Deadpool & the Mercs For Money #3, by Cullen Bunn, Iban Coello and Guru-eFX. This issue apparently has a Liefeld variant, and he drew feet on it. They’re not great feet, but they’re not awful. It’s close to 30 years since he debuted, maybe he’s finally learning how to draw feet? Wouldn’t that be something? The Mercs are talking about how they want to quit, and we flashback a few days, in West Virginia, where they’re looking for Nuklo. They go into a dive bar, where they find Nuke. And a fight. Then another flashback to yesterday, and a fight against Cobalt Man. Meh, bleh, whatever, I don’t care. I don’t care about this comic. It is impossible to care about. It’s bland and boring and has weak writing and weak art and it just sucks.
Those are the X-comics, but there’s a couple other comics worth talking about.
All-New All-Different Avengers #14, by Mark Waid, Jeremy Whitley, Adam Kubert and Sonia Oback. Some guys claiming to be from the Russian Immigration Bureau show up at the Wasp’s house to take Nadia into custody. Janet tells Nadia she’ll call a lawyer, and Nadia agrees to go with them to the Consulate. But then Janet uses her knowledge of clothing to figure out the Russians aren’t who they say they are. Which I love. Janet’s a fashion designer. She knows clothes. So I just love that her knowledge of clothes is what really tips her off. Anyway, turns out the guys work for WHISPER. And Nadia freaks out at one of the guys having robot arms. Nadia’s pretty cute. She’s also very good at fighting. With the WHISPER guys down, Janet, Nadia and Jarvis learn about the new Civil War going on. Nadia takes it hard, feeling like American superheroes are supposed to do better. While I don’t hate the Hero vs. Hero stories as much as a lot of people – they do, after all, have a very long history in comics – I do like seeing characters point out how stupid the stories are. Regardless, Nadia decides she can solve the conflict through the magic of quantum science. I really like Nadia. So then she shrinks down into a micro lab, which she keeps in the Microverse, and again, she’s a very interesting character. This is a good issue. It’s really sweet. Nadia comes across really well, a genius, but still a teenager, still vulnerable in the ways teens are. She’s fun, a bit manic, a bit naive, and a really sweet kid. I like Jeremy Whitley’s writing, so I’d already planned on getting Unstoppable Wasp, but this issue did a lot to make me like Nadia, so I’m more excited for it now. Also, I love that Janet cares about Nadia, so much, so quickly. She talks about Nadia being her step-daughter, and does take a very motherly view of Nadia, and it’s really sweet to see. Janet never really stopped loving Hank, and Nadia is a little piece of him back in her life. And the best parts of him, too. I hope Janet will be a fairly regular supporting character in the upcoming series. The art’s really good. Kubert and Oback are artists I actually have little to say about. I’m not an art person, which makes it difficult for me to talk about it. But Kubert and Oback are both artists whose styles are fairly conventional – top-notch work, absolutely top-notch, but normal enough that I can’t think of much to say about it.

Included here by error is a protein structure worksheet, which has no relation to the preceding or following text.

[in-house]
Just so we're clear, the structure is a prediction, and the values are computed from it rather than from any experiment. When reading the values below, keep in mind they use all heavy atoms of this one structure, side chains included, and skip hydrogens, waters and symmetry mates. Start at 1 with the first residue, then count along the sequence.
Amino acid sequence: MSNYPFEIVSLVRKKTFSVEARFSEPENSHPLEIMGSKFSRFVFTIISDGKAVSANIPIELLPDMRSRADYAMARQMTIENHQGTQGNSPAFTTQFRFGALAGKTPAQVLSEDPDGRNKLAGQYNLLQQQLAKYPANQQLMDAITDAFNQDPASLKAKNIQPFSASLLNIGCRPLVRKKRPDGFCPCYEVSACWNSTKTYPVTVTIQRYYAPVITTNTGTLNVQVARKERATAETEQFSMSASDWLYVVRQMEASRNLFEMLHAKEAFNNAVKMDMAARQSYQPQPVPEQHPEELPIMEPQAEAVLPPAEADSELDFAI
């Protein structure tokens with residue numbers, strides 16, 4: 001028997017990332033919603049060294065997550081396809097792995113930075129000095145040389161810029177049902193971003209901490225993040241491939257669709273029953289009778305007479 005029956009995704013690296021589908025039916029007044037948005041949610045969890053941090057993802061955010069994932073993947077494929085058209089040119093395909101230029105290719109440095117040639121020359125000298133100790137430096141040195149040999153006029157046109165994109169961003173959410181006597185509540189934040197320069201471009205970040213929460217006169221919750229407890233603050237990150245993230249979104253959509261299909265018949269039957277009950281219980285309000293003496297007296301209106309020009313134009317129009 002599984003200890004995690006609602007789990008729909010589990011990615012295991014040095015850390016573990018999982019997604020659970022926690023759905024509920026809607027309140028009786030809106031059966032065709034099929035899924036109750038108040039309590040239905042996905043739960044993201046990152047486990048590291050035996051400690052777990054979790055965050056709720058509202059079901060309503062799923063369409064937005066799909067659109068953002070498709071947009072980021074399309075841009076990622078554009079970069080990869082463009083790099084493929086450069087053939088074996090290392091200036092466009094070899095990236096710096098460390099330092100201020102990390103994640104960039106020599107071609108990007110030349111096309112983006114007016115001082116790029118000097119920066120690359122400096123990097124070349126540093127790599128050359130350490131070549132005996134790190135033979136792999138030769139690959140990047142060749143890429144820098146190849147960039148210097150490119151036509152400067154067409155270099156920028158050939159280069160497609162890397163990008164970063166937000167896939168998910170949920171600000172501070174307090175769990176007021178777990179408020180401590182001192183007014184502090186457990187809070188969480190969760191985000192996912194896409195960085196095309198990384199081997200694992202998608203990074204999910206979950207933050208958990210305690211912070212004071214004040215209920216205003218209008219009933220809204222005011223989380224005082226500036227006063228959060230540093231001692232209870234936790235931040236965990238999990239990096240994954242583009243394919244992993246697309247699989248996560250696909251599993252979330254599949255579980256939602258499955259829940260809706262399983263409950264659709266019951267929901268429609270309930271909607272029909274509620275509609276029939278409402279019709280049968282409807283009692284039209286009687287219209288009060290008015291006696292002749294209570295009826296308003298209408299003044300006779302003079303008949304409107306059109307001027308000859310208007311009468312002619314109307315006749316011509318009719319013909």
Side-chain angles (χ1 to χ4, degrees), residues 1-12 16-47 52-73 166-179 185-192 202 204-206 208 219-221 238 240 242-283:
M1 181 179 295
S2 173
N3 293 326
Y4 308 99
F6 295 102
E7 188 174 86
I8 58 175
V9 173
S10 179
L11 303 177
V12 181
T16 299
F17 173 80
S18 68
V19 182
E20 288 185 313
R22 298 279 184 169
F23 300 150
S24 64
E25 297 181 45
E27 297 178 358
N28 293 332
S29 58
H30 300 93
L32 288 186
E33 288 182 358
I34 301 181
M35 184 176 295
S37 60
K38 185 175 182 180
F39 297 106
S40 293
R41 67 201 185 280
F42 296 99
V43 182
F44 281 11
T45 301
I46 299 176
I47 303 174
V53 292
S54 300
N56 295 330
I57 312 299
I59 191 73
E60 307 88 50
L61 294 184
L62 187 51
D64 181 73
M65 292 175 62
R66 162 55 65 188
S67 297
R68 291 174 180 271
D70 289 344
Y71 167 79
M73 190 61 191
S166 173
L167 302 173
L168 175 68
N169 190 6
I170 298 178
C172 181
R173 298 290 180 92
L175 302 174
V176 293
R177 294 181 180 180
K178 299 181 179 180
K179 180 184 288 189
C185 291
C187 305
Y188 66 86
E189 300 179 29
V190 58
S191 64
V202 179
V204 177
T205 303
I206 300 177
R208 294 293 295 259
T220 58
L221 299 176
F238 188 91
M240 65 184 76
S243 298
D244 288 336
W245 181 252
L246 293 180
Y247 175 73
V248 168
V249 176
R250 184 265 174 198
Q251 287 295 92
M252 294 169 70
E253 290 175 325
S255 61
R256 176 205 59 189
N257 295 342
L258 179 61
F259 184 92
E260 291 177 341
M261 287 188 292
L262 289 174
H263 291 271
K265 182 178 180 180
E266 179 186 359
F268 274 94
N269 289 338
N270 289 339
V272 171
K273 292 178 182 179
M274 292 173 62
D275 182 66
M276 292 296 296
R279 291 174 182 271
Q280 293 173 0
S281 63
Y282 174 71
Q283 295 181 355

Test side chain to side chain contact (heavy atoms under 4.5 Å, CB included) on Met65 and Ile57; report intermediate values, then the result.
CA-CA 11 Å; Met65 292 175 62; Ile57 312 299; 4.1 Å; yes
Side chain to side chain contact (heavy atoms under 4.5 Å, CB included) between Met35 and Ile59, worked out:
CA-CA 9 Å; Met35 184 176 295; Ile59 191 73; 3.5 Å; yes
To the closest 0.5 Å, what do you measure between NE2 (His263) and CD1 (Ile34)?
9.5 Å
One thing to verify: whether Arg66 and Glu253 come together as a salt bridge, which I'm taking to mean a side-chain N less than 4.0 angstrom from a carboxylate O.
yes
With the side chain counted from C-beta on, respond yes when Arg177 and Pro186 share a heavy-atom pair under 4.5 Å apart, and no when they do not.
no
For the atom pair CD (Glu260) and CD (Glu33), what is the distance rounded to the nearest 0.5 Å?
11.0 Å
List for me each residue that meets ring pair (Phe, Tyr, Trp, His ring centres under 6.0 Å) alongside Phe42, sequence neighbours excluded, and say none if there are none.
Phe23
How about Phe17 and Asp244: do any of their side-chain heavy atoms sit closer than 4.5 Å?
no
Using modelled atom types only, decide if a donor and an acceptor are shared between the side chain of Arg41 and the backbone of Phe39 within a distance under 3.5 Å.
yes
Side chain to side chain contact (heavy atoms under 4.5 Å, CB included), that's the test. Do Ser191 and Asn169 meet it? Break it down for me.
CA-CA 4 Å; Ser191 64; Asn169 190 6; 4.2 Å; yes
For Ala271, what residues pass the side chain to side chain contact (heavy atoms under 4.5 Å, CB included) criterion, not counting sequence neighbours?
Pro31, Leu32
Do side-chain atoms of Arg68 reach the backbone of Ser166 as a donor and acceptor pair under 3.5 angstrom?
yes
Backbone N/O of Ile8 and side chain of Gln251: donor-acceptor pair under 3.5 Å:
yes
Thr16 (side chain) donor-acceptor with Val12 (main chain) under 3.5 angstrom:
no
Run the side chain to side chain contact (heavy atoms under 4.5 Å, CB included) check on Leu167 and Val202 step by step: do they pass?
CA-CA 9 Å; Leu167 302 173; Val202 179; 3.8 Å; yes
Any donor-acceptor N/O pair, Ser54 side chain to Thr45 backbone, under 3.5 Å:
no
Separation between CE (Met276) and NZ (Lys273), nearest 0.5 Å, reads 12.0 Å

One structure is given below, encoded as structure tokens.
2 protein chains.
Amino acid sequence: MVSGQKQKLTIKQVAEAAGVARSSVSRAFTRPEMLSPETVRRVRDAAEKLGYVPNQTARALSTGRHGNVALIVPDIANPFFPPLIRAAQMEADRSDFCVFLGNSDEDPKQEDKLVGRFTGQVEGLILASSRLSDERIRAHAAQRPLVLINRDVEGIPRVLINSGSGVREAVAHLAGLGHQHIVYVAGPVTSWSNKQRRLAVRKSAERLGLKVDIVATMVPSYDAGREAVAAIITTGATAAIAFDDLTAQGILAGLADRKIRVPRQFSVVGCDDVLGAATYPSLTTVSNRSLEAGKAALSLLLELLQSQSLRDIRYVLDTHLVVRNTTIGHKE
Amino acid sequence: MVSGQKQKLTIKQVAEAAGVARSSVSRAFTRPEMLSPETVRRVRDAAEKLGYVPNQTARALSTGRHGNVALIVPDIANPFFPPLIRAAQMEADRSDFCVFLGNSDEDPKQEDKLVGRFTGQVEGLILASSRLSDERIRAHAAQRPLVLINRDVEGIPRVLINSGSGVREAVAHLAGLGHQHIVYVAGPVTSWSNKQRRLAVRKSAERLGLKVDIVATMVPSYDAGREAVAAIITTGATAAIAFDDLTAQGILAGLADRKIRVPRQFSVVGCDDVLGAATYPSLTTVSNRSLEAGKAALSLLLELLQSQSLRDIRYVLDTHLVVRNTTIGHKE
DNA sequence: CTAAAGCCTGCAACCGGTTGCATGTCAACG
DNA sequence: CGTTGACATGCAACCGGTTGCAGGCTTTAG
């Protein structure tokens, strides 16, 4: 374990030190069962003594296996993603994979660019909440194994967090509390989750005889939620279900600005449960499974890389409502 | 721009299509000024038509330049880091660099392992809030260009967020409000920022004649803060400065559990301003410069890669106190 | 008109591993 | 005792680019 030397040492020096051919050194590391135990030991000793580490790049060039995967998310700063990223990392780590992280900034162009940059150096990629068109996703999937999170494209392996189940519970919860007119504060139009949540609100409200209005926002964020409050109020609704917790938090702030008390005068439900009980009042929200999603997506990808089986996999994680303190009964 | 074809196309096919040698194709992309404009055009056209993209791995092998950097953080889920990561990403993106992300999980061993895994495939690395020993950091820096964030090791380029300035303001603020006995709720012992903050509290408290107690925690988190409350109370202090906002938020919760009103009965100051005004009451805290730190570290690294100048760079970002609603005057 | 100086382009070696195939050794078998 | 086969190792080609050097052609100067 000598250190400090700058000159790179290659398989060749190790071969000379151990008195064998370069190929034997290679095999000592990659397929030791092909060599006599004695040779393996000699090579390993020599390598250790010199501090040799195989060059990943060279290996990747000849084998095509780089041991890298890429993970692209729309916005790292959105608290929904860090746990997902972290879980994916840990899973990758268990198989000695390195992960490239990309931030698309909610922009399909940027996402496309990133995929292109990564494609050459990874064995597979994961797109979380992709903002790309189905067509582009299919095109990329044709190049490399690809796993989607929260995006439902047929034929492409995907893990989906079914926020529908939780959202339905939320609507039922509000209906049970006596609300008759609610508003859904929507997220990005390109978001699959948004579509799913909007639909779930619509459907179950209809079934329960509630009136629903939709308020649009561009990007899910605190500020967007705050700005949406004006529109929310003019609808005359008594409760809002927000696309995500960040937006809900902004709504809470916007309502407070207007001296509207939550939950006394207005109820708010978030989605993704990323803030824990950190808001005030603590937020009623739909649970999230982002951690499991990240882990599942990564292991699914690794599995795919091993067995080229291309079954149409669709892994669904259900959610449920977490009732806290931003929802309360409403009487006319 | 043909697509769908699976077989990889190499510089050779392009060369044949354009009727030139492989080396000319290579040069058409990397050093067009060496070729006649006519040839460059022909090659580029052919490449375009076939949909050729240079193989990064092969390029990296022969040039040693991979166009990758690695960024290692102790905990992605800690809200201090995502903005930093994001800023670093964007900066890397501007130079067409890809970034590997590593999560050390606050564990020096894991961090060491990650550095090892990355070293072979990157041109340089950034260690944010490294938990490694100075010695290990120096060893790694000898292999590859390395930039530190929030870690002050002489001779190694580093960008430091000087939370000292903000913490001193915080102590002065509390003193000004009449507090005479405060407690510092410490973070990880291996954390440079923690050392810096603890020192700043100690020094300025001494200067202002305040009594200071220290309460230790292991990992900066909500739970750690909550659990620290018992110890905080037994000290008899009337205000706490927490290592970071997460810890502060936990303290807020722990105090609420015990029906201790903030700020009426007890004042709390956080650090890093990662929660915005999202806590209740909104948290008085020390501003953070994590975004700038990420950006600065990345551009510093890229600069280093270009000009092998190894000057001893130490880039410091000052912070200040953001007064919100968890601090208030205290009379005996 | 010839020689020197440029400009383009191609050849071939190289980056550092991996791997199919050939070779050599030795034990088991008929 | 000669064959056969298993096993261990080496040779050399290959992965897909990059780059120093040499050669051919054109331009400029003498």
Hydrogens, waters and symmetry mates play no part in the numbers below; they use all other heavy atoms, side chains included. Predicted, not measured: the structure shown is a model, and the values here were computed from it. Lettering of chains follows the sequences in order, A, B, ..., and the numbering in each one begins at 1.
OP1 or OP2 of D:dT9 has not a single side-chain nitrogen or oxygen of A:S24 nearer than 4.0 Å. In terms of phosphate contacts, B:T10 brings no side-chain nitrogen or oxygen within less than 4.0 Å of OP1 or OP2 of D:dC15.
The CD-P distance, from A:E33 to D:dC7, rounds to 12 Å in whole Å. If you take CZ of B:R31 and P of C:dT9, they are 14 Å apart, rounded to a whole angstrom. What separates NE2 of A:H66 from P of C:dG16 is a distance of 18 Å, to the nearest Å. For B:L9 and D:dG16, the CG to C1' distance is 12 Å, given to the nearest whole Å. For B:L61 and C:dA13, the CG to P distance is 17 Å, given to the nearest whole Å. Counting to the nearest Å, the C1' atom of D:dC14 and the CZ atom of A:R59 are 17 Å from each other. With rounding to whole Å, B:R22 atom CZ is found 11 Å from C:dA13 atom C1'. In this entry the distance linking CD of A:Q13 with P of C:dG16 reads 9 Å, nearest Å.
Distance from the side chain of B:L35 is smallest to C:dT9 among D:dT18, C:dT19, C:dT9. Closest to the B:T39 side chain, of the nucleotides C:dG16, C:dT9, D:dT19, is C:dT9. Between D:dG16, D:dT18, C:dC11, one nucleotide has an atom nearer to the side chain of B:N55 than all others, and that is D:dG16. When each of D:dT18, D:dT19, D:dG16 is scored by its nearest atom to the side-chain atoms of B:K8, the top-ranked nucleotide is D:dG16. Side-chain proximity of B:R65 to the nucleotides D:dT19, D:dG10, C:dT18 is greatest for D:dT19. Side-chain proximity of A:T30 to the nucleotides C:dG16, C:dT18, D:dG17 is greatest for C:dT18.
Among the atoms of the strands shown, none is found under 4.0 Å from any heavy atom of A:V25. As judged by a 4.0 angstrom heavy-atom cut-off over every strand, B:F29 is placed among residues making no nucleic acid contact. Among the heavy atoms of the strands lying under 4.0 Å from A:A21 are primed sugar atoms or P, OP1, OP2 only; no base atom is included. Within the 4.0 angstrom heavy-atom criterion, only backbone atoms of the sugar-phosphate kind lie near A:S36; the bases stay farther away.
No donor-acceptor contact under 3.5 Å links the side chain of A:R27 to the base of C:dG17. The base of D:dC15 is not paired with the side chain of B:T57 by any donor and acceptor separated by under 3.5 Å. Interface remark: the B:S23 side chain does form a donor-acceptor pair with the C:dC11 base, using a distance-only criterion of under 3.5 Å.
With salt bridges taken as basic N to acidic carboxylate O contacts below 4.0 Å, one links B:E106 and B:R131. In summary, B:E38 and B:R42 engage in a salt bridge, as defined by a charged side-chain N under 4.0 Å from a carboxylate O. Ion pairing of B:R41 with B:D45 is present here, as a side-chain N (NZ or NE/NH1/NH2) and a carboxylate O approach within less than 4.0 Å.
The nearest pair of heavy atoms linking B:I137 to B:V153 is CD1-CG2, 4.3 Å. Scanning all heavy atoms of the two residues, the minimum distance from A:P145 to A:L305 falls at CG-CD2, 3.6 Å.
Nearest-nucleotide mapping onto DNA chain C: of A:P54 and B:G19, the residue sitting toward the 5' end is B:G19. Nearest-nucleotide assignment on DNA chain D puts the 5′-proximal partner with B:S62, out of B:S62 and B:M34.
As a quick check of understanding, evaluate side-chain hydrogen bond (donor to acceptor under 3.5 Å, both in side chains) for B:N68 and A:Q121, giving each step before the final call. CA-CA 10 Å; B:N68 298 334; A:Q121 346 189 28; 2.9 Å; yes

Silk #12, by Robbie Thompson, Tana Ford and Ian Herring. Silk, Lola and Rafferty are another dimension that clearly failed physics, looking for Silk’s parents. They find a campsite, and a parachute, so Silk weaves three web-achutes and they jump. Lola thinks she and Rafferty should get a cat, Rafferty thinks they should get married. Holy crap, that escalated quickly. They land, and see dragons. Which Rafferty thinks are dinosaurs, based on the Jurassic Park joke she makes. Rafferty, no. Dragons are not dinosaurs. Dragons are dragons. They’re not even the same family – dinosaurs are more closely related to birds. That’s right, T-Rex’s are just big ostriches, deal with it. There’s also a village, and Rafferty figures they need disguises, so Silk makes new clothes for them. Rafferty loves cosplay and wants sigils. She has her priorities. It also turns out Rafferty knows archery. Then they meet a dragon, named David Wilcox. A dragon. Named David Wilcox. This issue’s great. It’s just a lot of fun. It’s a chance to do some crazy fantasy stuff. Like a talking dragon named David Wilcox. And Lola and Rafferty in fantasy outfits. There’s references to Lord of the Rings and Game of Thrones. Really, it’s just Thompson and Ford having a blast, and clearly having a lot of fun. This issue has more of Lola and Rafferty than usual, and they’re fun. You get the feeling that they’re both too amazed to really think about being scared. Either that, or they’re insane, because they’re running around a fantasy world with dragons and they’ve got goofy smiles for most of the issue. There’s plenty of fun banter from the two of them, as well. Silk is a lot quieter than usual. Not much in the way of snark from her. Which is an interesting change. Ford’s art is more fun stuff. Again, she’s clearly having fun. And I have a hunch she’s been pushing for Lola and Rafferty to get a bigger role in the book, so she’s definitely making the most of their presence in this issue. And, of course, she gets to draw dragons. So that must have been a delight.